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July 08, 2014
Loyola treats gun violence as a disease
14 killed, 82 injured during Fourth of July weekend in Chicago
MAYWOOD, Ill. (July 8, 2014) – Approximately 82 people in Chicago were reportedly injured and 14 died as a result of gun violence during the extended Fourth of July weekend.
“Those injured or killed are too young and too many,” said DeAndre Williams, MD, an emergency physician at Loyola University Health System who worked the holiday. “At Loyola, we are seeing multiple gunshot wounds now as automatic rifles are replacing single-shot weapons, which is an alarming trend."
Some of the violence occurred in Chicago’s Garfield Park, less than five miles from Maywood, where Loyola is located.
“Just as with any disease, violence requires awareness, education, prevention, treatment and support to be overcome,” said Mark Cichon, DO, chair of the Department of Emergency Medicine of Loyola University Medical Center. “Gun violence is a complex, multifaceted public health problem and requires a complex, multifaceted public health strategy. Chicago is one of the largest urban centers in America, so everything here – the good and the bad – is magnified.” Cichon also serves on the board of directors of the Illinois College of Emergency Physicians and was recently honored by the state of Illinois for his contributions to improving pediatric health.
Loyola regularly works with community groups and hospital chaplains to diffuse gun and gang violence cases.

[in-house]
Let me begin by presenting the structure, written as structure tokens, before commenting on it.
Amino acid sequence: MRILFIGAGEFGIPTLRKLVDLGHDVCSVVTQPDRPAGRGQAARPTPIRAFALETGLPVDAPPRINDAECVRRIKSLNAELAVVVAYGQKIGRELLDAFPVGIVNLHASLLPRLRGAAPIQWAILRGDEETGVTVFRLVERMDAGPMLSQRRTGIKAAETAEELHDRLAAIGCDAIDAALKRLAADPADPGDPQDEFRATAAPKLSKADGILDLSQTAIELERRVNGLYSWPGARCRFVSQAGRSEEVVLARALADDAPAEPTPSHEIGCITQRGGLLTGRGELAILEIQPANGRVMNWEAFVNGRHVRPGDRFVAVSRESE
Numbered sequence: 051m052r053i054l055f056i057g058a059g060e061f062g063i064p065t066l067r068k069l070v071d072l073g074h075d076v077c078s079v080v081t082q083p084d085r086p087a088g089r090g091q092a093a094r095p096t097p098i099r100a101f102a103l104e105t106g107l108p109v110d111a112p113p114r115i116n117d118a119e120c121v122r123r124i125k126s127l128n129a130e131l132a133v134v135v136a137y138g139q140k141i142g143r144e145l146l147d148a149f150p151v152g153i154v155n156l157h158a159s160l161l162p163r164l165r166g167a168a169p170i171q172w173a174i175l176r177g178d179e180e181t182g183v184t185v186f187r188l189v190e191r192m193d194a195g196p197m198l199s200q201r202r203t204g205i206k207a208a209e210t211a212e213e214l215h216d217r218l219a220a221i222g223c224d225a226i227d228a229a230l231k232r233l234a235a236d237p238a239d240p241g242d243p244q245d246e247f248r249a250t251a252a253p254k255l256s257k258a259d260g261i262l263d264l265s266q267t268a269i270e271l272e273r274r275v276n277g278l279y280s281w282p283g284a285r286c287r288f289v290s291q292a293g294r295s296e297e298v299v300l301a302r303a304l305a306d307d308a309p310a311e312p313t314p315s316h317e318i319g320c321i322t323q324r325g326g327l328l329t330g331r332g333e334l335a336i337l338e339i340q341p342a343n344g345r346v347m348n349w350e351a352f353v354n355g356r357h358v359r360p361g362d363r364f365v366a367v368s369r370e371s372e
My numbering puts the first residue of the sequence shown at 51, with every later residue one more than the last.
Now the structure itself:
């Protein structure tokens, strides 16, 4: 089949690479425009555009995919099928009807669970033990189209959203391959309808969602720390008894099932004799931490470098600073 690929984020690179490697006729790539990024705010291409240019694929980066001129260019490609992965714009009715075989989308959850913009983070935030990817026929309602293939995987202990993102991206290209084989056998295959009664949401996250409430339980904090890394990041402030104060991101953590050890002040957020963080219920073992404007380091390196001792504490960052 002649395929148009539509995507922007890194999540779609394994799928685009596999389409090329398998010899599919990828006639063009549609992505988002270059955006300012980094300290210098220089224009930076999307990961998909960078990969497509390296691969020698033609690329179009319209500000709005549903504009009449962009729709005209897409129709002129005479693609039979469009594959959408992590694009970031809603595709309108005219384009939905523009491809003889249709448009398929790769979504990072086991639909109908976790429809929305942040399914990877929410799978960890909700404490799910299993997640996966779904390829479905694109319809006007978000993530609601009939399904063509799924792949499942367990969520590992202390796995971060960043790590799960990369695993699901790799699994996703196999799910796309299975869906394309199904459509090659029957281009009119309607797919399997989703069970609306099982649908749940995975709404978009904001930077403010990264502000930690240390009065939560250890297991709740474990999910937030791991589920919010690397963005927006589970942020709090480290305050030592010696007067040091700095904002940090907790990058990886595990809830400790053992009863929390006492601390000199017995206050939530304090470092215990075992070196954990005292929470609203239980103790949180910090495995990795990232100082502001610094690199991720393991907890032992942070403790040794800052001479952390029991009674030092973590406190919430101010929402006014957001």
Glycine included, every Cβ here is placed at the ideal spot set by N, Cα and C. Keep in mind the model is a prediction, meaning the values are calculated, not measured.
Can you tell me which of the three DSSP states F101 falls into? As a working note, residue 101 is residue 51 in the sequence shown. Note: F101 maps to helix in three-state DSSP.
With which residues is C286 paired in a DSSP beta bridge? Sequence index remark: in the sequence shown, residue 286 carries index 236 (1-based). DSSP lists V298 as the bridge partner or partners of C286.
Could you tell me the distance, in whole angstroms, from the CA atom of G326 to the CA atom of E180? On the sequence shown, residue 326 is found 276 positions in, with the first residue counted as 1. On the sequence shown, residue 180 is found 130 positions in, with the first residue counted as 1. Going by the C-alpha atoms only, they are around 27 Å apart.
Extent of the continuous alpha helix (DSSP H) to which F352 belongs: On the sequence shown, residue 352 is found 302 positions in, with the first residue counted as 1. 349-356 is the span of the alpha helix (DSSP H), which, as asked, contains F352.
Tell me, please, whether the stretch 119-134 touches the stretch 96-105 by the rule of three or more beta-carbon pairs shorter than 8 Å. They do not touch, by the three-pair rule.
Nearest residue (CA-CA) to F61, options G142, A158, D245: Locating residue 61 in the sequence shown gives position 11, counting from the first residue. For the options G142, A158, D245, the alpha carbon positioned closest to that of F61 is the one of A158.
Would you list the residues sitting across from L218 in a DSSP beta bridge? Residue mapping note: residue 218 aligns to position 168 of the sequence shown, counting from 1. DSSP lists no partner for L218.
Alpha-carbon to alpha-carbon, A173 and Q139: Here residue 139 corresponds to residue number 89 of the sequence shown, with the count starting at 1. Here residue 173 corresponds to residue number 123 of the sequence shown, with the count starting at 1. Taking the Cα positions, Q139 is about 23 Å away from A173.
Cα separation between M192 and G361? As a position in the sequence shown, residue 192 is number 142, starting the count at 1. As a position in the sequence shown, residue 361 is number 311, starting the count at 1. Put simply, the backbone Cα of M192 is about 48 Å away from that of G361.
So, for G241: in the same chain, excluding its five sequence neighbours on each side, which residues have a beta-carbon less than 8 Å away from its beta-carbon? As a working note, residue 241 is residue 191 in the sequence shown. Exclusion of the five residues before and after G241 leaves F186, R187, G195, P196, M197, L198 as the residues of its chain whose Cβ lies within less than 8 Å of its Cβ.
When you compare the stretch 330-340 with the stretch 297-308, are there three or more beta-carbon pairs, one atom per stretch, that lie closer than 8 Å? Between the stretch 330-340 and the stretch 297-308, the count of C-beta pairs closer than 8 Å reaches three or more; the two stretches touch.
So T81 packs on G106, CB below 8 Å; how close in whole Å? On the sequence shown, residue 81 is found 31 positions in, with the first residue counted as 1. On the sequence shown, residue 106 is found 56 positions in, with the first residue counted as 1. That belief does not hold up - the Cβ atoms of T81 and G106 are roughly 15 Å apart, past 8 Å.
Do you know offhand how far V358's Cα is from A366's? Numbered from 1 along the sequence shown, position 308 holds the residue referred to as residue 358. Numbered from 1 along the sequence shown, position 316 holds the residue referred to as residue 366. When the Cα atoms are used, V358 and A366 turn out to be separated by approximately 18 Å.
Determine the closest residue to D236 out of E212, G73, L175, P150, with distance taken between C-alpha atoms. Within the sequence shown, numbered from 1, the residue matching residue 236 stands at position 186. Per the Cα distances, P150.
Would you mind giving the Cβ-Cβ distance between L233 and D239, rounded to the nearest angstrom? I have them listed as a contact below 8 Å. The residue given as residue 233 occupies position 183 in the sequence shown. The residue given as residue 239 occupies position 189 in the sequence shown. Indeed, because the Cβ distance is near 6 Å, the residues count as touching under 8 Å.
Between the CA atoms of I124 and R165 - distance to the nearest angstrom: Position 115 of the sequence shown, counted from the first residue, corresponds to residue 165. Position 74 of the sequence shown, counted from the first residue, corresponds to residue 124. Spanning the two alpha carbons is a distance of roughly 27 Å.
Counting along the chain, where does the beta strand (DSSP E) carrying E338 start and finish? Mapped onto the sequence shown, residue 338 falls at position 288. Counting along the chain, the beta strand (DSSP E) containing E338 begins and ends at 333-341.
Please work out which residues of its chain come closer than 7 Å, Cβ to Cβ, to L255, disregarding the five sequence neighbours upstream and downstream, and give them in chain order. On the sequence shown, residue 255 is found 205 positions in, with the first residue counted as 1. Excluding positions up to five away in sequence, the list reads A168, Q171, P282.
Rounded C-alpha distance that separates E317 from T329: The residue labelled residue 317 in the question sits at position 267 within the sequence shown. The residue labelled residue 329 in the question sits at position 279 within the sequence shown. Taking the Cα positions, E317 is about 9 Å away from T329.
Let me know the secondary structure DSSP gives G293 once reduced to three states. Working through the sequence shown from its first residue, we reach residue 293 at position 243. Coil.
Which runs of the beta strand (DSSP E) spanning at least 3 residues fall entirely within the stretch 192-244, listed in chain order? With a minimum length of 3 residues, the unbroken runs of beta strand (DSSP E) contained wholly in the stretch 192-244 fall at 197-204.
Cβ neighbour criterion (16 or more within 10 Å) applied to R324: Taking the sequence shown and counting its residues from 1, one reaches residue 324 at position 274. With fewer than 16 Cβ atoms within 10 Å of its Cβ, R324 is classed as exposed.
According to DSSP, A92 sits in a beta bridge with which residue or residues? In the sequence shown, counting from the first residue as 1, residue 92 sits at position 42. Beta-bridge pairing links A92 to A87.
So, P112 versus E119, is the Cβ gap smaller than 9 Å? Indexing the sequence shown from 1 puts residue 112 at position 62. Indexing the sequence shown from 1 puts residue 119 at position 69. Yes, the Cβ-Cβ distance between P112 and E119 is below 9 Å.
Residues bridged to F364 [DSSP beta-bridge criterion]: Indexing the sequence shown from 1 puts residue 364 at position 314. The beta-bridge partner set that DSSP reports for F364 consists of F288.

Alarming gun violence statistics
- The average hospital cost for a gunshot wound is $540,000.
- Handguns (rather than rifles or other types of guns) account for 80 percent of gun violence.
- More than 50 percent of shootings have involved alcohol, consumed either by the victim, the shooter or both.
- Of deaths from gunfire in the home, 50 percent of victims knew their shooter, with only 20 percent related to home invasions and only 1 percent ruled justifiable homicides, as in self-defense.
“Many of Loyola’s ED staff rarely see the fireworks with their friends and families because of high volumes during the Fourth of July holiday and, unfortunately, we often see the gunfire victims,” Cichon said. “The violence statistics are up this year as compared with last year, so I know that emergency departments will likely be busy next holiday.”
Loyola University Health System (LUHS) is a member of Trinity Health. Based in the western suburbs of Chicago, LUHS is a quaternary care system with a 61-acre main medical center campus, the 36-acre Gottlieb Memorial Hospital campus and more than 30 primary and specialty care facilities in Cook, Will and DuPage counties. The medical center campus is conveniently located in Maywood, 13 miles west of the Chicago Loop and 8 miles east of Oak Brook, Ill. The heart of the medical center campus is a 559-licensed-bed hospital that houses a Level 1 Trauma Center, a Burn Center and the Ronald McDonald® Children's Hospital of Loyola University Medical Center. Also on campus are the Cardinal Bernardin Cancer Center, Loyola Outpatient Center, Center for Heart & Vascular Medicine and Loyola Oral Health Center as well as the LUC Stritch School of Medicine, the LUC Marcella Niehoff School of Nursing and the Loyola Center for Fitness. Loyola's Gottlieb campus in Melrose Park includes the 255-licensed-bed community hospital, the Professional Office Building housing 150 private practice clinics, the Adult Day Care, the Gottlieb Center for Fitness, Loyola Center for Metabolic Surgery and Bariatric Care and the Loyola Cancer Care & Research at the Marjorie G. Weinberg Cancer Center at Melrose Park.